The Roundup -

Alice Hart Selected As Superintendent At Fort Union Trading Post National Historic Site

 

January 29, 2020 | View PDF

Alice Hart

Williston, ND- Alice Hart, an eight-year veteran of the National Park Service (NPS) and 14-year veteran of federal service, has been selected as new superintendent of Fort Union Trading Post National Historic Site. Hart most recently served for five years as the Director of the General George Patton Museum, a U.S. Army museum at Ft. Knox, KY. She also served as the Bureau of Land Management's National Curator with oversight of the Bureau's Native American Graves Protection and Repatriation Act (NAGPRA) program, for eight years as the Curator at Grand Teton National Park Where she graduated from the NPS's GOAL Leadership Academy and as a seasonal museum technician at Yellowstone National Park. Hart begins her new assignment March 29.

"I am pleased to welcome Alice Hart as the new superintendent of Fort Union Trading Post National Historic site and I look forward to working with her," said Theodore Roosevelt National Superintendent Wendy Ross. "Alice brings a unique blend of complementary knowledge and skills to this position. She has broad knowledge and experience in both natural and cultural resource preservation. Her passion for history combined with her experience in both natural and cultural resource preservation. Her passion for history combined with her demonstrated ability to develop strong tribal connections and complete large facility projects will serve the park well."

Hart said, "I first became interested in the history of the fur trade while at Grand Teton National Park. It played a huge role in the development of our nation and our relationships with tribal nations in the first half of the 19th century. I am privileged to be able to serve at Fort Union Trading Post National Historic Site and share the importance of this history with our visitors.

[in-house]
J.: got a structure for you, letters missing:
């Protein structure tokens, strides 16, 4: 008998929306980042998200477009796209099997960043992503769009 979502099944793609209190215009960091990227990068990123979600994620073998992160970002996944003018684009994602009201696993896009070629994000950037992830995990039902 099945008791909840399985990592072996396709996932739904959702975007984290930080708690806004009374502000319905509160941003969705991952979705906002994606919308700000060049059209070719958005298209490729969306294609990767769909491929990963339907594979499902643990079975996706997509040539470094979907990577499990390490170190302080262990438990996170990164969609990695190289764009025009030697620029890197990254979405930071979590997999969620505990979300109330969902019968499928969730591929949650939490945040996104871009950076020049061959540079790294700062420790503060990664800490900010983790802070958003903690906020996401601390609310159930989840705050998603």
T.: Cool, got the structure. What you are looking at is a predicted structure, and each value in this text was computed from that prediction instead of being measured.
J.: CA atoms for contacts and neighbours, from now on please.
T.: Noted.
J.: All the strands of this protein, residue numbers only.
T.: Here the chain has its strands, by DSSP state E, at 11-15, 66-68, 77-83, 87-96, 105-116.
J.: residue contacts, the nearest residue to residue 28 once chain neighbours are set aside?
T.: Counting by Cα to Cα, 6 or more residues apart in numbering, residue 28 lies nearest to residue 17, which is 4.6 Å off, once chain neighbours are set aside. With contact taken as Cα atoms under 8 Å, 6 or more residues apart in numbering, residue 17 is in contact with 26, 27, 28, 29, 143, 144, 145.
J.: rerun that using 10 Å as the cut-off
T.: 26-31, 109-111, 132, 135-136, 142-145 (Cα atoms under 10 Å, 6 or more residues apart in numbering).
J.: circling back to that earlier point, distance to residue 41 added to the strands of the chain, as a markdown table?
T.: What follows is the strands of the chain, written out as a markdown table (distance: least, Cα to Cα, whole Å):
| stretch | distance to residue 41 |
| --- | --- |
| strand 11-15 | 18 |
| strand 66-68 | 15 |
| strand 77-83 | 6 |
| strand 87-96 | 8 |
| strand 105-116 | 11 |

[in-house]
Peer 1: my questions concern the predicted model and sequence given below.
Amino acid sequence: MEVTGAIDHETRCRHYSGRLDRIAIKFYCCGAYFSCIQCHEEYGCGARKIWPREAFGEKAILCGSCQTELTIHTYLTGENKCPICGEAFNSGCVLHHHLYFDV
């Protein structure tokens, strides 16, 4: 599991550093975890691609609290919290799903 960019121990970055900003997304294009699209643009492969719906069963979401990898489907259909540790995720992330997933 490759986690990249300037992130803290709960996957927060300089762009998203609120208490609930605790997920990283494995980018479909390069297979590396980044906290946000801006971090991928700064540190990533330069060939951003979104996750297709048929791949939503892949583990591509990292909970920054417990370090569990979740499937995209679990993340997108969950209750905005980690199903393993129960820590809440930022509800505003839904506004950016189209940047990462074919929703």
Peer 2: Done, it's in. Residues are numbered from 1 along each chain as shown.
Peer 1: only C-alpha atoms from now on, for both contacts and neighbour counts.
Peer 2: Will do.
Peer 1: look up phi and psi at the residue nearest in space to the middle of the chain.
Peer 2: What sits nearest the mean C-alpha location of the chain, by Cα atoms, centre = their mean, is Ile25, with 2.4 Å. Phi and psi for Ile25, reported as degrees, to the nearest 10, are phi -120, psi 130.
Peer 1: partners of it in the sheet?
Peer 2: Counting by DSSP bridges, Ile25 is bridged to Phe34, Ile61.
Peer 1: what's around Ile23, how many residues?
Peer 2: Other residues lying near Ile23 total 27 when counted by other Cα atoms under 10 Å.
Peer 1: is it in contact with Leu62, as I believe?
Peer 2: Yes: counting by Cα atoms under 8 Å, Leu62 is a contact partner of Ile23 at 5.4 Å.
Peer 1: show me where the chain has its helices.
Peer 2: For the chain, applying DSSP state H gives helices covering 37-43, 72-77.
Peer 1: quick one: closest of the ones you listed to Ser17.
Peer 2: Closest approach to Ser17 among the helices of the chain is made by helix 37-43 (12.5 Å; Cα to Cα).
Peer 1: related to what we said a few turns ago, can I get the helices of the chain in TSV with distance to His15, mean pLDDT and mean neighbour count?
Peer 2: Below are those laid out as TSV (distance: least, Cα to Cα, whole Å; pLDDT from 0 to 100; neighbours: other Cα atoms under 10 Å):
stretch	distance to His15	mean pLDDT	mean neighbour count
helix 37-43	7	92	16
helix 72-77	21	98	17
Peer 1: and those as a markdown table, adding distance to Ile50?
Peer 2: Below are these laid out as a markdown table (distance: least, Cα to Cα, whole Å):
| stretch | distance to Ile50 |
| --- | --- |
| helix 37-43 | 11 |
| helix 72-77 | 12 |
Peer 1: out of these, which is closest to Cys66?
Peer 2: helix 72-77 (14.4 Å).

Born in upstate New York, Hart earned bachelor's degrees in geology and religious studies through St. Lawrence University in New York, a master's degree in geology at the University of Kansas, and a master's degree in library and information science and a certificate in archival studies through Emporia State University in Kansas, where she has also served as an adjunct instructor.

Prior to her federal career, Hart served as a collection manager at the University of Kansas Natural History Museum, as a training director for a private environmental engineering firm where she developed the first EPA-approved training program for asbestos contractors and engineers and as a geologist with the Kansas Geological Survey.

Hart is married to Rick Julian, an NPS interpretive ranger and has three cats. They will be moving to the local area when she begins her new position. She enjoys knitting, reading, gardening and kayaking.

 

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